The Montreal’s reputation probably stems from the aftermath of a common problem which plagued many other European cars between the 60’s and 80’s: a lack of specialized maintenance. This was a particularly damning problem in the United States with many different models from a number of manufacturers ending up with an undeserved bad rep. Although the Montreal didn’t directly suffer too much with this aspect since it was never sold new in the U.S. (or Canada for that matter, despite its name, only imported to both countries by private buyers), we have to talk about the usual beating that Italian cars got when commercialized or imported into the U.S. This is one of the main reasons that a lot of European classics are still poorly regarded to this day. Americans were used to fixing everything with a hammer; any local garage’s 19 year old kid could wrench on a Chevy or a Ford. There wasn’t a lot to go wrong and even when it did, the fix was straightforward because the components were equally straightforward. This wasn’t the case for European (especially Italian) cars. Not only did people neglect simple steps like letting them warm up properly or using the correct gas, but when something did break, the local mechanic had no clue what to do with the damn things. So one bad fix would lead to another bad fix a few months later and then another until the cars were pretty much unsalvageable. The lack of proper Italian car specialists in the U.S. throughout the 60’s, 70’s and 80’s meant that very few Alfas, Ferraris, Lamborghinis, Fiats, Maseratis and Lancias – imported or locally sold – ever got decent maintenance done. When they did manage to be looked after by specialists, the bills were much higher than the ones involved with maintaining American stuff which could count on cheap parts and labor, so this only added to the reputation of Italians (and Europeans in general) as finicky, unreliable, expensive things.
But since we’re on the subject, why didn’t the Montreal ever go on sale in North America? A stylish V8 coupe in the American market seems like a no brainer. Well, it should have been but Alfa decided otherwise. Things were getting complicated with an increase in regulations towards safety and emissions; since the Montreal wasn’t fantastic on either of those and with Alfa caught up in the intense labor disputes which defined the early 70’s for the Italian auto industry, the company decided to pass on the North America opportunity, effectively killing the Montreal’s future with just under 4000 units ever seeing the light of day. Even Citroen’s SM – of equal or greater “problematic” reputation – sold 10.000 units more than the Montreal because it was available in both Europe and America.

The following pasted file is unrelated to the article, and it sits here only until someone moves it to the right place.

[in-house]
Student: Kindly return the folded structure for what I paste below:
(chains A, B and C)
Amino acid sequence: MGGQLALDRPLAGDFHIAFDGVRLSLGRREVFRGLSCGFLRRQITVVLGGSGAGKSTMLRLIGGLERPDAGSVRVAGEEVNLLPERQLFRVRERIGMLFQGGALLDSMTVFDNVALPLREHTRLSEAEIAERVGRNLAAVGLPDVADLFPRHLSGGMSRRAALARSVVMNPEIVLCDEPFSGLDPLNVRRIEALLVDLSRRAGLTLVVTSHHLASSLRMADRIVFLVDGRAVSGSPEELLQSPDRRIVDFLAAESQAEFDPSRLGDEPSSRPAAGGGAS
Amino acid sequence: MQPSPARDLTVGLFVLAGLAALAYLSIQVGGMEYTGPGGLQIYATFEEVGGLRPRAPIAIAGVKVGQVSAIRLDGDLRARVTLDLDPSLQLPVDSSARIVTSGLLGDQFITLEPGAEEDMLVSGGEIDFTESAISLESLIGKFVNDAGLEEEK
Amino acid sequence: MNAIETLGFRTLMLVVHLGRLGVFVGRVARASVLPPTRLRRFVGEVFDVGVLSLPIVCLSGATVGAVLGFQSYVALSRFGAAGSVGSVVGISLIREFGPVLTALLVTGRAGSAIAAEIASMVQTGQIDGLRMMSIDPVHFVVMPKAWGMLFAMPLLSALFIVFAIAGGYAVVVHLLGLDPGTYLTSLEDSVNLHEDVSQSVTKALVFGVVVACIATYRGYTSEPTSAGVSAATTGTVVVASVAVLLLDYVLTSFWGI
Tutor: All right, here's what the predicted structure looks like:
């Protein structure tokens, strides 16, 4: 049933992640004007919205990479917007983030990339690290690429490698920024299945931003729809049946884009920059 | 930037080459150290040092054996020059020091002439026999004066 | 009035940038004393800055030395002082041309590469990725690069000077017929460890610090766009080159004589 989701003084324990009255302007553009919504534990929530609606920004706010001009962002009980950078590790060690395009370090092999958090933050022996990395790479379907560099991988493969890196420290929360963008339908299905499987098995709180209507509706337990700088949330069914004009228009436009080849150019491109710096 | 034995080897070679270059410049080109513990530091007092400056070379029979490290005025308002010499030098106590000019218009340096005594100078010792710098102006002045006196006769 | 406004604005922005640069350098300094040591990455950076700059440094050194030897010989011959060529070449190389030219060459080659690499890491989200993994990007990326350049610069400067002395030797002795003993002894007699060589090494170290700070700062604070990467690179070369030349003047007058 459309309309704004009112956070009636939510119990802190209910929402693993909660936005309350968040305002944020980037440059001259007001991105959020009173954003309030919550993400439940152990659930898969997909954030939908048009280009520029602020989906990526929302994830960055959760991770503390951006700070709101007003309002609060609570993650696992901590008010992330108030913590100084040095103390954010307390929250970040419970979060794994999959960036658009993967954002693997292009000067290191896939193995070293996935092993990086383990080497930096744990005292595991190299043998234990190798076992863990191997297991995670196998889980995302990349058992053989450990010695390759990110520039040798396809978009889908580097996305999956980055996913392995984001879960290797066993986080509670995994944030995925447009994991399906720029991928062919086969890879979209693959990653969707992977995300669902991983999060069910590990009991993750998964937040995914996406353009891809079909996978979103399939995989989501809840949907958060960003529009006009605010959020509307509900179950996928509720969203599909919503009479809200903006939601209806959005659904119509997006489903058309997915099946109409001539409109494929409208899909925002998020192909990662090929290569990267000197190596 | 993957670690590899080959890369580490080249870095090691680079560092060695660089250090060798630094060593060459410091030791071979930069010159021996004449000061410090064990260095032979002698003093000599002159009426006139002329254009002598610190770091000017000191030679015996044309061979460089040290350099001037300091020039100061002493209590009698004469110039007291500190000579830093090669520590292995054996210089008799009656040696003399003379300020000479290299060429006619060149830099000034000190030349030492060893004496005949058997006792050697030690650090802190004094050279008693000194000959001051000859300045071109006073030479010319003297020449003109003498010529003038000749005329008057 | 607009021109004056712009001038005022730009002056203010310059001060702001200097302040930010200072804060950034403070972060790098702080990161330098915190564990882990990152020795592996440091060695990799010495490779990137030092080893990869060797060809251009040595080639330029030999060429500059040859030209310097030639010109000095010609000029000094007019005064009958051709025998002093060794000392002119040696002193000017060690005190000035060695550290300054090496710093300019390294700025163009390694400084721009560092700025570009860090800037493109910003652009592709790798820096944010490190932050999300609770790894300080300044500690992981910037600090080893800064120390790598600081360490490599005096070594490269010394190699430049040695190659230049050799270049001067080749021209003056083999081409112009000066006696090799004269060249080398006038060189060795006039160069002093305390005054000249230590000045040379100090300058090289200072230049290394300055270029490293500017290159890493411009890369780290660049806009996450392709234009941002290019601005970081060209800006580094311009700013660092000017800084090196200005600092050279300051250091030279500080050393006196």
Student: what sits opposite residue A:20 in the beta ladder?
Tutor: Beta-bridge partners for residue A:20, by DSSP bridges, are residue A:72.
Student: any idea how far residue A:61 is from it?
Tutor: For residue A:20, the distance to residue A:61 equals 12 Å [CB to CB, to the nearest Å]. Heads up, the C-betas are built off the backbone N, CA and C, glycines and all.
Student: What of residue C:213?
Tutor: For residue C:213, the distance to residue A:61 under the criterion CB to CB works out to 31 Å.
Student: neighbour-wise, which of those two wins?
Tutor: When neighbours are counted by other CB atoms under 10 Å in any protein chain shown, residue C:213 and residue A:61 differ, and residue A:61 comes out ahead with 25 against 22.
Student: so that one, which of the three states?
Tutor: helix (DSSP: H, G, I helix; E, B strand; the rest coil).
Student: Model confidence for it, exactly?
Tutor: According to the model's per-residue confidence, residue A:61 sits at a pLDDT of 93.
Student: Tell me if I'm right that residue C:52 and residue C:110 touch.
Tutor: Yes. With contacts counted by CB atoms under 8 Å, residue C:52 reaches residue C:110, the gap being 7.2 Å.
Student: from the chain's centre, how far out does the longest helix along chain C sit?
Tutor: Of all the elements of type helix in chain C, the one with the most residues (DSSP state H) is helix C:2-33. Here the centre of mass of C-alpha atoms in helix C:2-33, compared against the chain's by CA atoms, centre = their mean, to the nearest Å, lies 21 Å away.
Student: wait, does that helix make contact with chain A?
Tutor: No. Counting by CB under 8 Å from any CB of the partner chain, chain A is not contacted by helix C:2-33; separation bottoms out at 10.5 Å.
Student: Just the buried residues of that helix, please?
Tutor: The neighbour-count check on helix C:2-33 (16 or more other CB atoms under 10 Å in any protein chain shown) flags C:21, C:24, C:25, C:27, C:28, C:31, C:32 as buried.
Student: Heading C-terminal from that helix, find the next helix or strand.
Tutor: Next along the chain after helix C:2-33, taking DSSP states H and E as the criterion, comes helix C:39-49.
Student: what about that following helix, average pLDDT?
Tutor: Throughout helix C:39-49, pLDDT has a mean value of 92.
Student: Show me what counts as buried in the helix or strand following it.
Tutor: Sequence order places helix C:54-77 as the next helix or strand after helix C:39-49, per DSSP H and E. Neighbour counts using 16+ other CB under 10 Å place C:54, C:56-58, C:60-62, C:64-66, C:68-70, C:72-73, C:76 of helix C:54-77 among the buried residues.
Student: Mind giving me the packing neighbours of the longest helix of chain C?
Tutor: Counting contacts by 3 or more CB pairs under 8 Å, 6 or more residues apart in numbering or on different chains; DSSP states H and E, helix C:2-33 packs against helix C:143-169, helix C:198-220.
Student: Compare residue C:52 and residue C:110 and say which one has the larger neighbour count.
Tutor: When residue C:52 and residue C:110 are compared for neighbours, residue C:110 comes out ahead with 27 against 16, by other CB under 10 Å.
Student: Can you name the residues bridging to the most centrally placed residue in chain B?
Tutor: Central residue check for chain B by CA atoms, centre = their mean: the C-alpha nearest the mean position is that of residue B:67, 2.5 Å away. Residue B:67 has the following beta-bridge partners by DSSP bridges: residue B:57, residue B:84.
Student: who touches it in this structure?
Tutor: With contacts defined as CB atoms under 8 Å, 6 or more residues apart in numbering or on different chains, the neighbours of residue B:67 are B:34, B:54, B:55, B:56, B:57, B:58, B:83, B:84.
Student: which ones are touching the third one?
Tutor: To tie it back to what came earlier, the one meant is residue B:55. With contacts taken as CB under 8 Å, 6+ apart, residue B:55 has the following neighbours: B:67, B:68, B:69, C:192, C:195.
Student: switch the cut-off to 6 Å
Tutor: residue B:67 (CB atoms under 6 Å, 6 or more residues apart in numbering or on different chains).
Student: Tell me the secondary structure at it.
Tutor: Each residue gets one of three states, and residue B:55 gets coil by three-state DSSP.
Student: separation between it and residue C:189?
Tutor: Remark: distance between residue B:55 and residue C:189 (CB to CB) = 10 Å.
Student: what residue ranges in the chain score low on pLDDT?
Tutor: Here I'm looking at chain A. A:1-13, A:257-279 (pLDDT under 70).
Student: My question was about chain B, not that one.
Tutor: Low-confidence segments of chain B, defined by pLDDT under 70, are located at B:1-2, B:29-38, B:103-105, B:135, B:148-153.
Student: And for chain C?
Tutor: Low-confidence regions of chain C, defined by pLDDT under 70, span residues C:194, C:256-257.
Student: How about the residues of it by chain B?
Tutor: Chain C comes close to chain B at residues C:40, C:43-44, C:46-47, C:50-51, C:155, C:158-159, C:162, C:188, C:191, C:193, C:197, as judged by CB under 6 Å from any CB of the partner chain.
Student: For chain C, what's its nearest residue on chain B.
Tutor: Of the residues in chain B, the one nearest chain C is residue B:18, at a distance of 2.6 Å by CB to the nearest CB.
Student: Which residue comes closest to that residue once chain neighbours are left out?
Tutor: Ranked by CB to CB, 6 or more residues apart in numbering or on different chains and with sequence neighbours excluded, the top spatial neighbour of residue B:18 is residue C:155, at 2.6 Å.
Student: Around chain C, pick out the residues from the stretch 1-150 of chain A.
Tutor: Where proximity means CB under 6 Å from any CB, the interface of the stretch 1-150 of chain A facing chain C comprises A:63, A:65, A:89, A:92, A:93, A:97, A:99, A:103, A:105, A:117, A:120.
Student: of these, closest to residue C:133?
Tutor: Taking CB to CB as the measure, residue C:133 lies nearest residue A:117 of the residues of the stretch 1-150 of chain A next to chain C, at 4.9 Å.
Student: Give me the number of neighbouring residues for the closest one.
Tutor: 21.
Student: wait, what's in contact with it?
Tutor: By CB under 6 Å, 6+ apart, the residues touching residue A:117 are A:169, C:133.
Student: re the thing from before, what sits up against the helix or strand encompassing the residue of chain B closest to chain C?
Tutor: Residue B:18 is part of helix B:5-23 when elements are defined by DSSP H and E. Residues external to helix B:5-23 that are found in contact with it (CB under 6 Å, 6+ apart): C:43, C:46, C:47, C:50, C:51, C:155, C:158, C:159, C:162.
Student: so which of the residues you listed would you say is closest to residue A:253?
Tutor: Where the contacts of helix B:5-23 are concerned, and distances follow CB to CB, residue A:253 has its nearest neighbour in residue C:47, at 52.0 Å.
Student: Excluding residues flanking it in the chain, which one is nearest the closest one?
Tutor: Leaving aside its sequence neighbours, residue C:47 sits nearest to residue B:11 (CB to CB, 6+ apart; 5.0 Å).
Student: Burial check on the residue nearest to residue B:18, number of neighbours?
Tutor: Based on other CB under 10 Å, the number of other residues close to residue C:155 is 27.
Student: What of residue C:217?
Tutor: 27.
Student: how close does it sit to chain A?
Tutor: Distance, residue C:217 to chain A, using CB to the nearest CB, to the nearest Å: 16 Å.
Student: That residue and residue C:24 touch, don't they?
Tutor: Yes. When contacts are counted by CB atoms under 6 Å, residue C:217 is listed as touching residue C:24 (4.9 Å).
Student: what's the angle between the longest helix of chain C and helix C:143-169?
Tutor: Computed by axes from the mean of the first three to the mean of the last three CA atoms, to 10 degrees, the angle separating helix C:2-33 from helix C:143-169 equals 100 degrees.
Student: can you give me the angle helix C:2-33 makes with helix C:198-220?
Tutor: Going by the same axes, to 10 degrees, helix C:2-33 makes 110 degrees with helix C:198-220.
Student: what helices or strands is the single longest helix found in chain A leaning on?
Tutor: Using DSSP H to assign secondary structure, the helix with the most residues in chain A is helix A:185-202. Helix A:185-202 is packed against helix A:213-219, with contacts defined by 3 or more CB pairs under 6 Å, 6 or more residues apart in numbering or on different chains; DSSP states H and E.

If you’re looking for a Montreal today (which you definitely should be), how much can you expect to pay for a rare, drop dead gorgeous Alfa Romeo with a V8 engine straight from the company’s greatest icon? Surprisingly not an obscene amount. The Montreal’s bad rep. kept prices down for a long time and the sexy GT is only now starting to get the attention it deserves. Good examples in Europe will start in the mid 70’s and go all the way to 100.000 USD. Not long ago you could have expected to pay 20 grand less, but looks like people have finally stopped sleeping on these.
[The beautiful orange Montreal pictured in this article is currently for sale in Switzerland by the Oldtimer Galerie Toffen. Asking price: 80.457 USD / € 71.454. This is NOT a sponsored post.]